New poems in ‘InDaily’

Thom Sullivan Poet Poetry Wistow Bugle Ranges

I’m delighted to have three short poems appear together in the Poet’s Corner section of Adelaide’s InDaily. Back in 2007, my first published poems appeared in Poet’s Corner, when InDaily was still the weekly print newspaper The Independent Weekly. Thankfully, more than a decade on, InDaily continues to publish a weekly selection of poems under the curatorial hand of John Miles. The three poems can be read here.

Poetry reading: NO WAVE / Holy Rollers

No Wave Poetry ReadingOn Thursday, 12 September 2019, I’ll be appearing at the NO WAVE poetry reading at Holy Rollers Studios, 69 Prospect Road, Prospect, from 7.30pm. The reading accompanies Holy Rollers’ exhibition, The Scene is the Seen, which is part of the South Australian Living Artists (SALA) Festival. The event will feature readings by Em Konig, Alison Flett, Edith Lyre, Jill Jones, Thomas McCammon, and me. Further details on Facebook.

Local history: Jubilee Chapel

In 2009, I uploaded this photo of the Jubilee Chapel, Wistow, to a Flickr page I was using at the time. Many of the images I uploaded were of ruined buildings and farmhouses from Wistow, Bugle Ranges, Red Creek, Highland Valley, Hartley, Salem and Callington  parts of the southern Mount Lofty Ranges, also known as the Adelaide Hills, where I grew up. It’s an area I’ve often written about in my poetry.

Jubilee Chapel l Wistow

35°08’18.3″S 138°56’11.7″E

I uploaded the photo with this note:

‘This photo was taken through the rain on a grey autumn morning in 2009. The chapel is located on a back road in farming country 7 or 8 kilometres from the Hartley Methodist Church [the subject of the previous Flickr upload, which I’ve included below].

‘The chapel was built in 1865 by a Methodist community that settled in South Australia from Cornwall, UK. It was built following a diphtheria outbreak and was named the ‘Jubilee Chapel’ because it was built in the jubilee (fiftieth) year of Methodism in Australia. By 1886 services ceased due to poor attendances, with many members of the community moving on in search of better prospects. My understanding is that many moved on to marginal areas of the wheat country in the state’s Mid North and fell on difficult times there too (as later arrivals many re-settled north of Goyder’s Line, where rainfall is low).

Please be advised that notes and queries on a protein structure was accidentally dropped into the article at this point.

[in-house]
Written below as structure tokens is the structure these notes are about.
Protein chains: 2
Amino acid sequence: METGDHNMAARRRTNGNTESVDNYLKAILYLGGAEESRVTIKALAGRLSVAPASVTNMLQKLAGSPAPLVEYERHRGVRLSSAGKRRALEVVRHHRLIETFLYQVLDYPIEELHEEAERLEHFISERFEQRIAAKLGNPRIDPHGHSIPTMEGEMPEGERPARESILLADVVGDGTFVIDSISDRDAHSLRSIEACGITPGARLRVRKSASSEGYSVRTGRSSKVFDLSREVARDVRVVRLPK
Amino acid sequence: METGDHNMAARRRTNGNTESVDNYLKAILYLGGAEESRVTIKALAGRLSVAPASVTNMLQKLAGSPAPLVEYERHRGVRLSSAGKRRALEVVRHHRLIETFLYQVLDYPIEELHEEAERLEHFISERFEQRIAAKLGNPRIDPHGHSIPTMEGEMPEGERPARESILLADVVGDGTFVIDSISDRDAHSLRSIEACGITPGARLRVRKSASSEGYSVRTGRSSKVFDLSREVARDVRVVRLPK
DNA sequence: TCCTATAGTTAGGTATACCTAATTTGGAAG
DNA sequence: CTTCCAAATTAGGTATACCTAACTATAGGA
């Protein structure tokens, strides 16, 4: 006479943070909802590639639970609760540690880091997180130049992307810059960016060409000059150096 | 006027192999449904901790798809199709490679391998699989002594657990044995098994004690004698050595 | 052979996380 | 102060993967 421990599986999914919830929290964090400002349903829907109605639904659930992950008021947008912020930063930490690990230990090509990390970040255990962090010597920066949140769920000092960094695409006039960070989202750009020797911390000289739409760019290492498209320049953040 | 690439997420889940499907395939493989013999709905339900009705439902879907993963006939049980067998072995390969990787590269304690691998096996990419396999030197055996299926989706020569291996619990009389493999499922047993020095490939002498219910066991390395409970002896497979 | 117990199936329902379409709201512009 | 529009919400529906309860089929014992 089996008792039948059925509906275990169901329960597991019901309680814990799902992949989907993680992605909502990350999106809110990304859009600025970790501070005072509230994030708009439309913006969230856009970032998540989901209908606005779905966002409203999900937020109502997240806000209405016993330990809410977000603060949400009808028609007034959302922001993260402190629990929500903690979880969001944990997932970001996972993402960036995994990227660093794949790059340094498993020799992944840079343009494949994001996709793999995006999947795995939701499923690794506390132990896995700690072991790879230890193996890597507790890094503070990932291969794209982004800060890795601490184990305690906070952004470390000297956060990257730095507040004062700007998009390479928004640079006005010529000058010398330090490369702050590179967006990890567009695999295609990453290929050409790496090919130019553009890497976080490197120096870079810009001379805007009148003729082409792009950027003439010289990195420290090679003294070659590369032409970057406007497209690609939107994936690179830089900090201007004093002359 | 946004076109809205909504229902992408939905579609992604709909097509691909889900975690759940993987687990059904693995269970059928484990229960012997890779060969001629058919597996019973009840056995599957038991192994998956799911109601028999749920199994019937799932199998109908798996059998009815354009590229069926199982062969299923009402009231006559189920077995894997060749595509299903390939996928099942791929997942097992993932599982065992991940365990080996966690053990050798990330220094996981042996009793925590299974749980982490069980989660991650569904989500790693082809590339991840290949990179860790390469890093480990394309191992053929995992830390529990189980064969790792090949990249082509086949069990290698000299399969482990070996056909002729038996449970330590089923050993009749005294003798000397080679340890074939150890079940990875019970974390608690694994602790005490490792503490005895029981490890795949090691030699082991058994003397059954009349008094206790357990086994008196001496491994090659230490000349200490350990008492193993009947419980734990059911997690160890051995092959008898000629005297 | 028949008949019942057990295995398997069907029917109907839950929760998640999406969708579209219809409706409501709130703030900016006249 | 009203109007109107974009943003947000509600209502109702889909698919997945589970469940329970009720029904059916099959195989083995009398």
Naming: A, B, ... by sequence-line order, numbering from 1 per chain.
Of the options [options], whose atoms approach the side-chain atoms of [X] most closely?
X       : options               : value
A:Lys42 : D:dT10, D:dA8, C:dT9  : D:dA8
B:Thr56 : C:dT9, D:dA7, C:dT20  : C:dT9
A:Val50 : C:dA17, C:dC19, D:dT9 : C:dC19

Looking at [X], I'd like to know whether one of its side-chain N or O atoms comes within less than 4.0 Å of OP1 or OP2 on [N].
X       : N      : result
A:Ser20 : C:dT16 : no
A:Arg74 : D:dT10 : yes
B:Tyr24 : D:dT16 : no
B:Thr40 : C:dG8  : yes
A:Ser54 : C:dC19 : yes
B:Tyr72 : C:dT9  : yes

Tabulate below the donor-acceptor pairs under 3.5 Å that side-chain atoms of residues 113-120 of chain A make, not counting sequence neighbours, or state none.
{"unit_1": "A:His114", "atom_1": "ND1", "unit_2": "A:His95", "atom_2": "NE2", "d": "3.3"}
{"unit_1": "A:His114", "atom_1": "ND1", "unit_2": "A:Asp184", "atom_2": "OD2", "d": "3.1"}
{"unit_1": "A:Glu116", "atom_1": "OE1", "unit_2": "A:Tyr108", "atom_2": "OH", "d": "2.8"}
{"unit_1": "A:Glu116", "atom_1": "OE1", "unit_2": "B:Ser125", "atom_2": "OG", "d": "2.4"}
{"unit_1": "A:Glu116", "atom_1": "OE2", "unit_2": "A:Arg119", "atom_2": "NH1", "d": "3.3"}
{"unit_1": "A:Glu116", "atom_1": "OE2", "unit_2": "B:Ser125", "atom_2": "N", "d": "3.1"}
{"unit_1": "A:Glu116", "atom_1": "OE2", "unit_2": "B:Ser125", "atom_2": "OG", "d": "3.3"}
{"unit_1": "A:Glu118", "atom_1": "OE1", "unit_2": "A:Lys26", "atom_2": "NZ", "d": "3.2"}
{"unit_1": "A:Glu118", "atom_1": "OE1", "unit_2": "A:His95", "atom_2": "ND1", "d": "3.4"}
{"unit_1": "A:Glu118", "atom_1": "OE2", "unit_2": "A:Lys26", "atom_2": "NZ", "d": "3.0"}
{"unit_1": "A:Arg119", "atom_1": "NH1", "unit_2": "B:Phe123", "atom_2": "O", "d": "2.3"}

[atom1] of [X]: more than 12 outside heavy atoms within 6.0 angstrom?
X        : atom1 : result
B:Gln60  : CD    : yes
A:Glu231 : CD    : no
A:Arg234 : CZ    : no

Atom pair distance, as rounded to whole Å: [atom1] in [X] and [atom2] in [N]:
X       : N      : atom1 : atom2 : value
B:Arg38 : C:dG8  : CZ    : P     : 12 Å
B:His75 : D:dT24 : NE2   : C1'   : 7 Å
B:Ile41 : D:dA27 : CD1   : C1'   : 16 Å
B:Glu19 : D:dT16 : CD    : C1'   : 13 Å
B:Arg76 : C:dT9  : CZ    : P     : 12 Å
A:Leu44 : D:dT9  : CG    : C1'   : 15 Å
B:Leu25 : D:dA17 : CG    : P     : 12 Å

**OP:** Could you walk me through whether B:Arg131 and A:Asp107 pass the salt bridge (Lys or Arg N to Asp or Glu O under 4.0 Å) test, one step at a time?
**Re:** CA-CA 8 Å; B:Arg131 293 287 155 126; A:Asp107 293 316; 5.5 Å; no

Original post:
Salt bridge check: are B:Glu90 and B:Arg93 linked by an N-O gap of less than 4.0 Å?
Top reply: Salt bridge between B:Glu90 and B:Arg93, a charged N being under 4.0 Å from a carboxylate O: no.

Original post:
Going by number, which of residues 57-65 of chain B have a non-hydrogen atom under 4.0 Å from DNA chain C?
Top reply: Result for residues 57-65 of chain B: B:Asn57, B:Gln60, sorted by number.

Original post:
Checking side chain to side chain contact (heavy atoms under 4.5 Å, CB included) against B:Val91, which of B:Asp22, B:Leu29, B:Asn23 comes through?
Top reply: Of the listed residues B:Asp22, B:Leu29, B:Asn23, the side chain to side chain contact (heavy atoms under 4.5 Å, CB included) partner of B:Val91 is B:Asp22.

‘The chapel subsequently fell into a state of ruin. It was rebuilt in the 1980s and was used at one time as a bed-and-breakfast.’

IMGP0845b (2)

35°11’01.3″S 139°00’11.6″E

A few years ago, an Adelaide historian tracked me down via Flickr to ask if the image could be published in a forthcoming local history book. Last year, the image – along with one of my poems – was published in Wistow and Bugle Ranges: A Community History, by Beryl Belford, Christeen Schoepf, Skye Krichauff, and the Wistow History Group. It’s a timely account of the area’s history.

Trove offers this précis of the book, which I was so pleased to have some small part in:

‘Changes in lifestyle due to the rapid loss of farming land through the government’s rezoning of land inspired members of the Wistow History Group to research the history of European settlement in their district. Drawing on oral histories and archival material including privately held photographs and documents, newspaper articles, maps and government records, this book provides a social and cultural history of the Wistow and Bugles Ranges districts of South Australia from 1830 to the present.

‘Topics covered include: Explorers’ records and early settlers’ reports of Aboriginal occupation; the early settlement process with the Davenport and Mt Barker Special Survey system and the allocation of land to new immigrants; short biographies of early settler families, the descendants of whom remain connected to the Wistow/​Bugle Ranges district; changes in land use and the shift away from subsistence farms due to developments in technology, market trends and climatic concerns; transport and postal services, beginning with the surveying of Chauncey’s Line in response to the gold rush; education and the formation of schools, childhood memories of growing up in the district; social events, fundraising and the building of the Wistow Community Hall; public houses and the social and political activities held in them; sport including ploughing matches, pigeon shooting, hunting, cricket and tennis; churches, in particular those established by the Primitive Methodists; burial grounds and cemeteries.’